Gastroparesis

Gastroparesis

Gastroparesis

by Swedish Staff and Contributors

Symptoms
Gastroparesis Defined
What Causes Gastroparesis
Diagnosis
Treatment
Risk Factors
Prevention


Symptoms of Gastroparesis

Symptoms of gastroparesis may include:

  • Nausea and vomiting
  • Feeling full quickly when eating a meal
  • Loss of appetite
  • Abdominal bloating
  • Abdominal pain or pain in your esophagus (throat)
  • Heartburn
  • Weight loss

Symptoms can worsen when consuming the following foods:

  • High-fiber foods including raw vegetables and fruits
  • Carbonated drinks
  • Fatty foods

Gastroparesis Defined

Gastroparesis (also called delayed gastric emptying) is a disorder that affects your digestive system. During normal digestion, your stomach breaks down food and then contracts to push food down into your small intestine. Gastroparesis occurs when your stomach takes longer than normal to empty of food – food either moves slowly through the digestive tract or does not move at all. Food can harden causing blockage, nausea and vomiting. Bacteria may also grow. Gastroparesis is a potentially serious, lifelong condition that requires care from a doctor to manage it.

Stomach and Intestines

Gastroparesis-stomach.png
copyright © Nucleus Medical Media, Inc.

What Causes Gastroparesis

Gastroparesis occurs when the nerve that controls your stomach muscles (the vagus nerve) is damaged. The vagus nerve can be damaged by diseases such as diabetes or by surgery to your stomach or small intestine. 

Diagnosis

A physical exam is needed to diagnose gastroparesis. Your doctor will ask about your medical history and any symptoms you may be experiencing. The following tests or procedures may be done:

  • Blood tests
  • Tests to measure your stomach’s volume before and after a meal; how fast your stomach empties; and the ability of your stomach muscles and small intestine to contract and relax
  • Imaging tests:
  • Ultrasound —uses sound waves to create an image of organs inside your body
  • Barium X-ray —uses a milky fluid to coat the lining of your intestines to create an X-ray image
  • Gastric emptying study—uses radioactive meal to measure stomach emptying directly with an X-ray
  • Other procedures
  • Upper endoscopy —a thin, lighted tube (fiber-optic scope) that’s inserted down your throat to examine your esophagus, stomach and small intestine
  • Smart Pill—a pill-sized device that’s swallowed and provides information on your digestive system

Treatment

Talk with your doctor about the best treatment options for you. These may include:

Diet

Managing your diet and what you eat can help control gastroparesis. You may work with your doctor or a registered dietitian to create a meal plan that’s right for you. The meal plan may include:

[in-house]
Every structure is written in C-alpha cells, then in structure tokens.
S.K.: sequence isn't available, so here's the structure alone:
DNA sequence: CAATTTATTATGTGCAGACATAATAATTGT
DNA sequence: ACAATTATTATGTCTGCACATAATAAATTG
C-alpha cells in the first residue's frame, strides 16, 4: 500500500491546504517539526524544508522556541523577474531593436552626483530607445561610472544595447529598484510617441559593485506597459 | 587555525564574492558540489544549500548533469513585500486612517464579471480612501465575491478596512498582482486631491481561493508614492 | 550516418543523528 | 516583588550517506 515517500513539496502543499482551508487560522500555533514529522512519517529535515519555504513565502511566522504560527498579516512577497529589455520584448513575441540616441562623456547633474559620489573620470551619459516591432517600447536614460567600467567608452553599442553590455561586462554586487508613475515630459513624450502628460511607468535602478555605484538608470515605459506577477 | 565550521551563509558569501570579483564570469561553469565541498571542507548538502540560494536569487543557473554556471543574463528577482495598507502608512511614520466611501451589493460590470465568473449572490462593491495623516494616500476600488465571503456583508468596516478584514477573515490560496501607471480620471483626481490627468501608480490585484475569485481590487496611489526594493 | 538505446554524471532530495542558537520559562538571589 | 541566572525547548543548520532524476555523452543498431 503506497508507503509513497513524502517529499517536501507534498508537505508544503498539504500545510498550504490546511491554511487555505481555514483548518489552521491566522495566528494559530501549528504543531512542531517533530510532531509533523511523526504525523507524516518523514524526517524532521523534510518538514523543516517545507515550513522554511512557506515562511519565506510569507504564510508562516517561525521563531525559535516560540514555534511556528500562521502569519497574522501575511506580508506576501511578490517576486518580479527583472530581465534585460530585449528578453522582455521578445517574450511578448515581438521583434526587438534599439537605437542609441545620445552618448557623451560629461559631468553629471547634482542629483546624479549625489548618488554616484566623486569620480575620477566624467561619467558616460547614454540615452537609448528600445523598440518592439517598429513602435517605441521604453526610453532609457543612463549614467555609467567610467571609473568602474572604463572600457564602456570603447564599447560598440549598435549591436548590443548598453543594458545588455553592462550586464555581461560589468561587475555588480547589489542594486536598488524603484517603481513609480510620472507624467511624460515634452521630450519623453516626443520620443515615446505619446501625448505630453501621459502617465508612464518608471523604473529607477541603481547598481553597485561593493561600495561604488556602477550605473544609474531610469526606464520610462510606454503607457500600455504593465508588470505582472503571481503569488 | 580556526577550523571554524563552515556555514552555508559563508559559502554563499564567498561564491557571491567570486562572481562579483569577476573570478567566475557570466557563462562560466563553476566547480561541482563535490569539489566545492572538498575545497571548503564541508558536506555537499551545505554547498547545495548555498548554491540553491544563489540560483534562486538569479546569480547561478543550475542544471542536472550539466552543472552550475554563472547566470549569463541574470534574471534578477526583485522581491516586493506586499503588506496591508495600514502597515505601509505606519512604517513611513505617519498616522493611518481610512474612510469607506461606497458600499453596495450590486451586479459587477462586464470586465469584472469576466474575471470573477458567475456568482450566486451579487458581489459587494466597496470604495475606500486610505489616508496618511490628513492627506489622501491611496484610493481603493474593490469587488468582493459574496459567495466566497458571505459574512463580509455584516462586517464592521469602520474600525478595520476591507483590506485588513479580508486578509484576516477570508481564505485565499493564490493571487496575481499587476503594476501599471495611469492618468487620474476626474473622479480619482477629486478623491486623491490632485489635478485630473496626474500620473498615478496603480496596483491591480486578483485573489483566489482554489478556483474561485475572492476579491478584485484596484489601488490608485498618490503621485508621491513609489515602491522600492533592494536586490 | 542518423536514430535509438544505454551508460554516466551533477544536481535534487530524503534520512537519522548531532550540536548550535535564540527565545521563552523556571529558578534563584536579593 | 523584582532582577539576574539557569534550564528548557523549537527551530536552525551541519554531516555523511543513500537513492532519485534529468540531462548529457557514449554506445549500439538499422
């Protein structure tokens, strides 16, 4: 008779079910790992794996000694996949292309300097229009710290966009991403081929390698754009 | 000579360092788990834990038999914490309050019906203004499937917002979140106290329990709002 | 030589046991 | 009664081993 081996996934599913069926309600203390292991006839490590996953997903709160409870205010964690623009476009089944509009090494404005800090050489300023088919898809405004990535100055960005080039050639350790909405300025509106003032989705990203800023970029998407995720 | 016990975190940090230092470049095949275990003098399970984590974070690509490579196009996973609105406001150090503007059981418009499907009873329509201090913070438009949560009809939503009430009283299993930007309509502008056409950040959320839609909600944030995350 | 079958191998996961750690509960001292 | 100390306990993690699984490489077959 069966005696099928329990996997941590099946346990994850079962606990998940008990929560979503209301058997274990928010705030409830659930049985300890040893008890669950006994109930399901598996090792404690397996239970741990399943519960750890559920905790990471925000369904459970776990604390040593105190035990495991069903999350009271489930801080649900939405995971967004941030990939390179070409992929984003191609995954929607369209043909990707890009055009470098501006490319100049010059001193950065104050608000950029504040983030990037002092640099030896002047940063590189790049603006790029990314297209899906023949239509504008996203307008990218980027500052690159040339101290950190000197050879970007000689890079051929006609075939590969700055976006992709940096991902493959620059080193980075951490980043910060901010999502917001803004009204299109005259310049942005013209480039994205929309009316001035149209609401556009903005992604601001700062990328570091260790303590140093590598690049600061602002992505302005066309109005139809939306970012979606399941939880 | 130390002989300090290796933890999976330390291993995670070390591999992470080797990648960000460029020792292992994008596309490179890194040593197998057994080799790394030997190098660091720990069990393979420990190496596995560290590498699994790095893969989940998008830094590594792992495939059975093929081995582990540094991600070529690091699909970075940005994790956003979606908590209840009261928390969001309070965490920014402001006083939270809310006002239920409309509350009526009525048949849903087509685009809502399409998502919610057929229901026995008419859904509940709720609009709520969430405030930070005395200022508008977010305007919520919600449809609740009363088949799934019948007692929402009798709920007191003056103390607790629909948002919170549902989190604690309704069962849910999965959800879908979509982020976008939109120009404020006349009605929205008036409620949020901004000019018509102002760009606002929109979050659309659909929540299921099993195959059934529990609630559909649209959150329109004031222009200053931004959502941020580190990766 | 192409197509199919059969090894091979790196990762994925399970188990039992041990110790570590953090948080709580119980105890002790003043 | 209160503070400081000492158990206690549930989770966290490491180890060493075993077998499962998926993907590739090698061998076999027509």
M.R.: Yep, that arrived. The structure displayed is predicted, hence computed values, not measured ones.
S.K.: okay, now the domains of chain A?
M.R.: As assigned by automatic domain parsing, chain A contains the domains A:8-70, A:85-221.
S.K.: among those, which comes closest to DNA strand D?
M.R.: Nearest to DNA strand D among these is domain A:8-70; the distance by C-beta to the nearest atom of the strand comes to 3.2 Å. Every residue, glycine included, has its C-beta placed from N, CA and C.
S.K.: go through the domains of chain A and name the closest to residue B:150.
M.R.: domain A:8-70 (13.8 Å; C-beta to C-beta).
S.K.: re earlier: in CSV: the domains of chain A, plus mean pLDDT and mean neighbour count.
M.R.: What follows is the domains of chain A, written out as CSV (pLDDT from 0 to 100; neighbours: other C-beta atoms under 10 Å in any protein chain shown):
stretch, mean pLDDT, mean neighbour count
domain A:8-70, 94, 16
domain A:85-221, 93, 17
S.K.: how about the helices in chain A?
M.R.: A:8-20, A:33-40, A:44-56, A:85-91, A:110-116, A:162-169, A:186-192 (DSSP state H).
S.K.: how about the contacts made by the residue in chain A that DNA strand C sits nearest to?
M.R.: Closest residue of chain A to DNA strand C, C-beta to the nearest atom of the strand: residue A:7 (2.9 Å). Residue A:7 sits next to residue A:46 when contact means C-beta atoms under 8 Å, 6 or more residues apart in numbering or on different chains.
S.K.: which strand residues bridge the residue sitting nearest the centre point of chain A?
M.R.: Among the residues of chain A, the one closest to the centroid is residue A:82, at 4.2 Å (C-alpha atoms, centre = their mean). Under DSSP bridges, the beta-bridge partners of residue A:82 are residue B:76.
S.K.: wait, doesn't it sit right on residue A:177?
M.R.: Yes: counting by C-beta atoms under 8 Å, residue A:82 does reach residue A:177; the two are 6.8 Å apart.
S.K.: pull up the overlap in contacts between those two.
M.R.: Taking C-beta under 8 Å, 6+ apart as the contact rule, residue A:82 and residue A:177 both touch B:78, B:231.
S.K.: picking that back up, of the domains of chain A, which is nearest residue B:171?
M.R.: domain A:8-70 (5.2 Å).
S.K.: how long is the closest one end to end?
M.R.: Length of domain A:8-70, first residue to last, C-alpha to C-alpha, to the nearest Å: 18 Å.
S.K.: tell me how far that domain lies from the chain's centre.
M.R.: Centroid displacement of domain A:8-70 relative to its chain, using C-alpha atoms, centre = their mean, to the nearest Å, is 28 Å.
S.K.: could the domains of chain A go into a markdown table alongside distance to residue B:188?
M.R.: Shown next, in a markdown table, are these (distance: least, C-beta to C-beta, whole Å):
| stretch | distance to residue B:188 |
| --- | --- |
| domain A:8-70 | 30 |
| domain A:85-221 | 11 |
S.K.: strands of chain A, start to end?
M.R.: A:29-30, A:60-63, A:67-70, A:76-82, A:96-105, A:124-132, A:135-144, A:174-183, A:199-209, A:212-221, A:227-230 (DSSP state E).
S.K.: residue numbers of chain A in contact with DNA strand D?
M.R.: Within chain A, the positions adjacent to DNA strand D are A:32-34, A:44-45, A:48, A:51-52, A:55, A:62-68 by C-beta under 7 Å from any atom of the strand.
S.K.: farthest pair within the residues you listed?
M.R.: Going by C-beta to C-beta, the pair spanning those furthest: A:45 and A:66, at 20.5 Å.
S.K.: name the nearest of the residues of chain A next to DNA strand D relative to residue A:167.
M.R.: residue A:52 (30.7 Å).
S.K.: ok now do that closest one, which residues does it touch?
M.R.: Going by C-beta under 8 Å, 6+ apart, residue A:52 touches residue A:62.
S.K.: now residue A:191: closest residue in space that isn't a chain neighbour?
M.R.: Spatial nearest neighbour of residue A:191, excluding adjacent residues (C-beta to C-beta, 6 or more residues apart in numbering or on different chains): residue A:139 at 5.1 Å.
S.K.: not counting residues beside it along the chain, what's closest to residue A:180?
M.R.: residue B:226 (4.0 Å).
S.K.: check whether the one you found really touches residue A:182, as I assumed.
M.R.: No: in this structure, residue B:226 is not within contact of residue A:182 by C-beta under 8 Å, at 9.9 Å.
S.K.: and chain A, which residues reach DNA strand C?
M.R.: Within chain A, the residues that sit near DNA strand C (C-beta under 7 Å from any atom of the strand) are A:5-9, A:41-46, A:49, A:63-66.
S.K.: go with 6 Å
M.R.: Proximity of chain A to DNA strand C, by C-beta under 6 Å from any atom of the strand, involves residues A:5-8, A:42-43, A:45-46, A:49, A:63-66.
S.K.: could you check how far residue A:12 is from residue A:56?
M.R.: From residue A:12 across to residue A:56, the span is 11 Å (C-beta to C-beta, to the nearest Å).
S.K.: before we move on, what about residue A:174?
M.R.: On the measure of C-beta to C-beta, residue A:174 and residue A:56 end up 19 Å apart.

• Limiting high-fat and high-fiber foods
  • Eating small meals several times a day
  • Following a liquid diet

Alternative Nutrition

For severe cases of gastroparesis, feeding tubes may be inserted down your throat or through your abdomen and into your intestines, bypassing your stomach, to help deliver food and nutrients to your body. Nutrients may also be delivered directly to your bloodstream through a thin tube that is placed in one of your veins.

Medications

Symptoms of gastroparesis may be treated with medications to help empty your stomach. These medications work by stimulating the contraction of stomach muscles. Examples include:

  • Metoclopramide (Reglan)
  • Erythromycin

Other medications may be prescribed to reduce nausea.

Surgery

In severe cases of gastroparesis, your doctor may consider surgery including removing part of your stomach.

Risk Factors

The main risk factor for gastroparesis is diabetes. Diabetes and high blood sugar can damage blood vessels that carry nutrients and oxygen to your vagus nerve, the nerve that controls your stomach muscles, preventing it from working properly. Other risk factors include:

  • Gastroesophageal reflux disease (GERD)
  • Surgery that involves your stomach or vagus nerve
  • Infection from a virus
  • Taking certain medicines (e.g., anticholinergics or narcotics)
  • Diseases affecting metabolism (your body’s ability to make and use energy)
  • Diseases affecting your nerves, muscles or hormones
  • Radiation or chemotherapy
  • Anorexia or bulimia

Prevention

To help reduce your chances of developing gastroparesis, do the following:

  • Control diabetes. Diabetes is a common risk factor for gastroparesis and if you have diabetes, it’s important that you follow treatment plans from your doctor.
  • Avoid medications which can delay gastric emptying. Some medications, including narcotic pain medicines, calcium channel blockers and some antidepressants, may keep your stomach from emptying properly. Keep a list of all medicines you’re taking and share this list with your doctor. Be sure to talk with your doctor before stopping any medicines.

This content was created using EBSCO’s Health Library. Edits to original content made by Swedish.

Diagnosis and Treatment

For more information:

1-855-411-MYGI

(1-855-411-6944)

Swedish Digestive Health Network